WHAT I READ ON MY SUMMER VACATION
Not many blogs, certainly. And very few comics, for that matter. I did read the Wanted trade. I know; I was warned. Even so, my expectations were too high; and I'm a man of simple tastes, who can be distracted by pretty explosions done right. I like my fireworks, narrative and otherwise. And the book fails at even this, which is a shame, because at least competent boom-bap would have partially disguised the abject failure of the books argument. The last two pages of the book are a standard issue, though more explicit than normal "you are all pathetic sheep who refuse to seize the power given you" critique of modern consumer culture; all of us sheeple are contrasted with Wesley, who, after an issue of enduring race, gender, and competency related humiliations, has freed himself from the bourgeois rules by force of arms; he (literally) stops being screwed and starts doing the screwing. But what lesson is there? Wesley has the magic ticket; he's in essence given his freedom when he finds out that he is The World's! Greatest! Killer! Which of course makes it much easier to get make your own way in the world. The rest of us? Well, I guess we continue to get screwed, since power is the coin that pays the way out. Odd that Millar, avowed semi-socialist that he is, doesn't seem to see that he's making the same argument as any number of right-wingers, the one in which rich men, many of whom did not earn their positions, rail at the poor for not helping themselves sufficiently.
What else? Steve Niles' Secret Skull. Competent, though man would I have been mad had I paid what IDW wanted for the trade; story value is perhaps a third of what was charged. Nice coloring job, though, a cartoon version of the graveyard palette. Street Angel was nice; not up the expectations the relentless internet hyping saddled it with, but still: nice. It was, at times, I thought, too knowingly wacky for its own good, particularly the second issue; this problem was minimized as the volume went on, and later segments felt much more organic. The broken up lettering was a neat design element, though overused. And I demand, demand, damn it, to see the basketball skills put to use.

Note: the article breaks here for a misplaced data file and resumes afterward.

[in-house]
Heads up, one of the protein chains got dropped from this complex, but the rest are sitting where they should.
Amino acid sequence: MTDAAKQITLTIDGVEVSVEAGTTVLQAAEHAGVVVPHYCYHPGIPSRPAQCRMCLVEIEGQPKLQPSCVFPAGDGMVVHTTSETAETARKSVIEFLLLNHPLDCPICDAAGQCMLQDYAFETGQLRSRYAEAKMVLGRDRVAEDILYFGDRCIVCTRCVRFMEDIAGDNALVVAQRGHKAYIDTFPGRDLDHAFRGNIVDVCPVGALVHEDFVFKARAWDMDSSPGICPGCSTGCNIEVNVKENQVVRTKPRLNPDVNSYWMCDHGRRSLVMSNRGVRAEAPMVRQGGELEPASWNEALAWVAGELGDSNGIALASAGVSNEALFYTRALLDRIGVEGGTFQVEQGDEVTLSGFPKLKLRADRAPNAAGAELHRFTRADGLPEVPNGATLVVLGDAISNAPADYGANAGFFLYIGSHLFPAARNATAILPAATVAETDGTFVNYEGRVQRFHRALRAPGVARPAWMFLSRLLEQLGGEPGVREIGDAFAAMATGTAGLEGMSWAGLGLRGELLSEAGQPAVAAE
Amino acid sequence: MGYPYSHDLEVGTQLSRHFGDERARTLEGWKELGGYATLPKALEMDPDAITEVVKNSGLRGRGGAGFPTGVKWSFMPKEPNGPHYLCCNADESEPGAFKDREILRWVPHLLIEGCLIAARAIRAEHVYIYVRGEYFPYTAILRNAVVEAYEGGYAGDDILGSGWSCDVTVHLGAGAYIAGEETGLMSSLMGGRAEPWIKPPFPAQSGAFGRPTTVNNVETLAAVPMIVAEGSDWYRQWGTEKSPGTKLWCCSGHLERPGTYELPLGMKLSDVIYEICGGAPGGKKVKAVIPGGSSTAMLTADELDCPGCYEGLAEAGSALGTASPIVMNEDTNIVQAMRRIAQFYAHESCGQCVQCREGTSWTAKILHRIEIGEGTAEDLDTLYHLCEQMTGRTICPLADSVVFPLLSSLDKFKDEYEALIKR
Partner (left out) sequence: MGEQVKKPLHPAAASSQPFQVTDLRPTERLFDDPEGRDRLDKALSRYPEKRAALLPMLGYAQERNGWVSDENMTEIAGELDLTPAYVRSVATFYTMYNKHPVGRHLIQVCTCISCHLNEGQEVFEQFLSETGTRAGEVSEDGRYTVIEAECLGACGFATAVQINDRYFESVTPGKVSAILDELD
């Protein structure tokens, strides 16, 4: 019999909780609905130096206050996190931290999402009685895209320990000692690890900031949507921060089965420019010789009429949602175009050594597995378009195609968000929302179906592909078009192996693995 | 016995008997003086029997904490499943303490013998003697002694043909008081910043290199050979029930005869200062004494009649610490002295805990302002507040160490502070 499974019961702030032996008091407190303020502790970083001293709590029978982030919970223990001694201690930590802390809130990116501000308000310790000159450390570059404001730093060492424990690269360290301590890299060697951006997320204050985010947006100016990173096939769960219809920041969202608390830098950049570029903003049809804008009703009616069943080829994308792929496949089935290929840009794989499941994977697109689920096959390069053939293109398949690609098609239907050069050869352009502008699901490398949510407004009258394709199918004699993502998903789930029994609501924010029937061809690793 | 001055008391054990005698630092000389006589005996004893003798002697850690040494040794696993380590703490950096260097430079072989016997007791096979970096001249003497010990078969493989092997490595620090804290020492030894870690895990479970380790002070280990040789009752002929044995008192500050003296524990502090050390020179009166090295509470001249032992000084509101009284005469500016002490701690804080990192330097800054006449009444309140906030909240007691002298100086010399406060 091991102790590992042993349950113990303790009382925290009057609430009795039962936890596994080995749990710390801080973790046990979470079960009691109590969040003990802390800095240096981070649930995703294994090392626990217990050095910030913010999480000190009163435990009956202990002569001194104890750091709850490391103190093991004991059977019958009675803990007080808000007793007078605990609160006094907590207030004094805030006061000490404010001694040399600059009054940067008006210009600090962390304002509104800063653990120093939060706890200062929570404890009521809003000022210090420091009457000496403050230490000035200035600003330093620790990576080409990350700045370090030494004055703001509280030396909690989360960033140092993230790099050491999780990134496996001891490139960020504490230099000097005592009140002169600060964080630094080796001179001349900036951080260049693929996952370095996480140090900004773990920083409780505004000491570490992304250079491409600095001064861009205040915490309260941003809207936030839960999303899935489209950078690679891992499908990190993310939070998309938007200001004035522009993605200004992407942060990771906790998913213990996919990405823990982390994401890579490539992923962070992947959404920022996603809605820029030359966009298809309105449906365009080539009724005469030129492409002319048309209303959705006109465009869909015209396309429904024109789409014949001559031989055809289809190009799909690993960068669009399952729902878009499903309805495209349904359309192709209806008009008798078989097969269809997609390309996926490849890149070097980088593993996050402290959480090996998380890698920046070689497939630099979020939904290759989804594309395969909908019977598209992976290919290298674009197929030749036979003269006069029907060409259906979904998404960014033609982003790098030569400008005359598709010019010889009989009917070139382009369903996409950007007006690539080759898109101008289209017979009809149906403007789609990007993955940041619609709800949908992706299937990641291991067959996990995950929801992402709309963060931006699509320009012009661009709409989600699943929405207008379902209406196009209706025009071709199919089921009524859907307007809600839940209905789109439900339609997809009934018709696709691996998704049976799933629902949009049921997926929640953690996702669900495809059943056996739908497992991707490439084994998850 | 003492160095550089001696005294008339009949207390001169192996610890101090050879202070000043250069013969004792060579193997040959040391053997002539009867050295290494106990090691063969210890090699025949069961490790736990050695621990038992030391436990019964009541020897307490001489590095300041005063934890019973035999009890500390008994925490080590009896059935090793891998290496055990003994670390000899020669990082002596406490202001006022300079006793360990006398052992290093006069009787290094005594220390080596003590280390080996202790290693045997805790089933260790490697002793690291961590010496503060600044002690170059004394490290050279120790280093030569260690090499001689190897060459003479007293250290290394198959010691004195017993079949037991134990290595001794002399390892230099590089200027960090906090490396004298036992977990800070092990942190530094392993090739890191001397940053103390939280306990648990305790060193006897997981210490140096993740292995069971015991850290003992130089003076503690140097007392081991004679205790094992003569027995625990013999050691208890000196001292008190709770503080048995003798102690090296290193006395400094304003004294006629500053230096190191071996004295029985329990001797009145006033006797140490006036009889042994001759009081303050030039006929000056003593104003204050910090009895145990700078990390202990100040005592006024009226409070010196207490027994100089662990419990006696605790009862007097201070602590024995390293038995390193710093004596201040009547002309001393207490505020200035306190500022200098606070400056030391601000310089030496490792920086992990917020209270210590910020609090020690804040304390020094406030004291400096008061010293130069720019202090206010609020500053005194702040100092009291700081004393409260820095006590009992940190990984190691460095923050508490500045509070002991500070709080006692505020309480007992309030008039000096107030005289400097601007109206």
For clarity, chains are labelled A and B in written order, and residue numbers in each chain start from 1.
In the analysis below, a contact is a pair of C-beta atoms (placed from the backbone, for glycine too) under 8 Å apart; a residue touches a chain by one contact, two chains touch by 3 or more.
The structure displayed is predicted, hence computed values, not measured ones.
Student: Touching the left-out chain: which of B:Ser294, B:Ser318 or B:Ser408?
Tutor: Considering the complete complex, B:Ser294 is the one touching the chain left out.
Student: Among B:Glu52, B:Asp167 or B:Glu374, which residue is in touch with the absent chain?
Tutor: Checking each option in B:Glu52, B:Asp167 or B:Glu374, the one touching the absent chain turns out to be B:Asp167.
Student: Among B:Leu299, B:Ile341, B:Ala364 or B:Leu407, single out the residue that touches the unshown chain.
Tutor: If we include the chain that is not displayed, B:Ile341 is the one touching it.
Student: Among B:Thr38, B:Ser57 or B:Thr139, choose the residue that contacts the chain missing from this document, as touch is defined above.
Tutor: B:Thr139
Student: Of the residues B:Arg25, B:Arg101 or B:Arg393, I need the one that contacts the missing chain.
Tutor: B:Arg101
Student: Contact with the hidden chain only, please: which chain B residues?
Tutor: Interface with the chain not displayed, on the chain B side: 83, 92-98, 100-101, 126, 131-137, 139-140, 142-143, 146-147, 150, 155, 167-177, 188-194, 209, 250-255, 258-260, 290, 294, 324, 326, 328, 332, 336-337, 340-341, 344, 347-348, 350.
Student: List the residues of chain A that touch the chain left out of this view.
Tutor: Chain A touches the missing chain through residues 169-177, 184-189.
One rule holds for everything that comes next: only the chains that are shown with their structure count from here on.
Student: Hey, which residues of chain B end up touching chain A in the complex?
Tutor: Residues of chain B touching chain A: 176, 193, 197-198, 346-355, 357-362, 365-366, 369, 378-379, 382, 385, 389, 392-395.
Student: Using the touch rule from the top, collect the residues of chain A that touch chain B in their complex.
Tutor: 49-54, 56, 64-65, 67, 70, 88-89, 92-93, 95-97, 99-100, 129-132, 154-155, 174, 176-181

And that's it for comics. Actually, not quite. I cranked through Thomas Ott's Cinema Panopticon prior to leaving. That book is an object lesson in the triumph of technique over content. A series of semi-horrific vignettes, told in wood cut, or so it appears. The stories are nothing special; typical EC style twisters. But the wood cut illustration lends these twice told tales weight they likely don't deserve; the stark, wavy lines are at once realistic and abstract. The art distorts from the real world in a way that highlights the surreality of the stories. Objects are recognizable but somehow wrong. I don't think that the story content could bear any sort of weight with a different art style.
I had substantially better luck with books. Flew through The Smartest Guys in the Room, about Enron, which turned out to be the scariest book I've read in years; a big red flashing reminder that the customer is not always right; that the customer is sometimes, in fact, really, really wrong. There's a lesson there for Alberto Gonzalez, should he choose to heed it. Less terrifying but still scary by virtue of personal interest is Evan Wright's Generation Kill, about Marines in Iraq; my brother in law should wrap boot camp next week, then on to Camp Lejeune. I wonder how much the soldiers in the book are products of the Marines, and how much of their attitude was concrete pre-enlistment. I wonder if it's even possible for him to come back as the same person I knew.
Read George R. R. Martin's A Storm of Swords. I'd resisted reading more fantasy for years, until the first book in this series. And now I'm nosing around the fantasy rack in Borders, sheepishly looking at spines. I know, just know, that I'm heading for a bad reading experience; several, likely. If the fourth book would come out sooner, I'd be able to better control this reawakened fantasy monkey on my back, but no....now release is in November sometime. Rats.
And lastly, read Melville's The Confidence Man. Who knew it was a non-fiction account of the Karl Rove era? Not me. Depressing, somehow, to realize that the tactics may change but the game never does.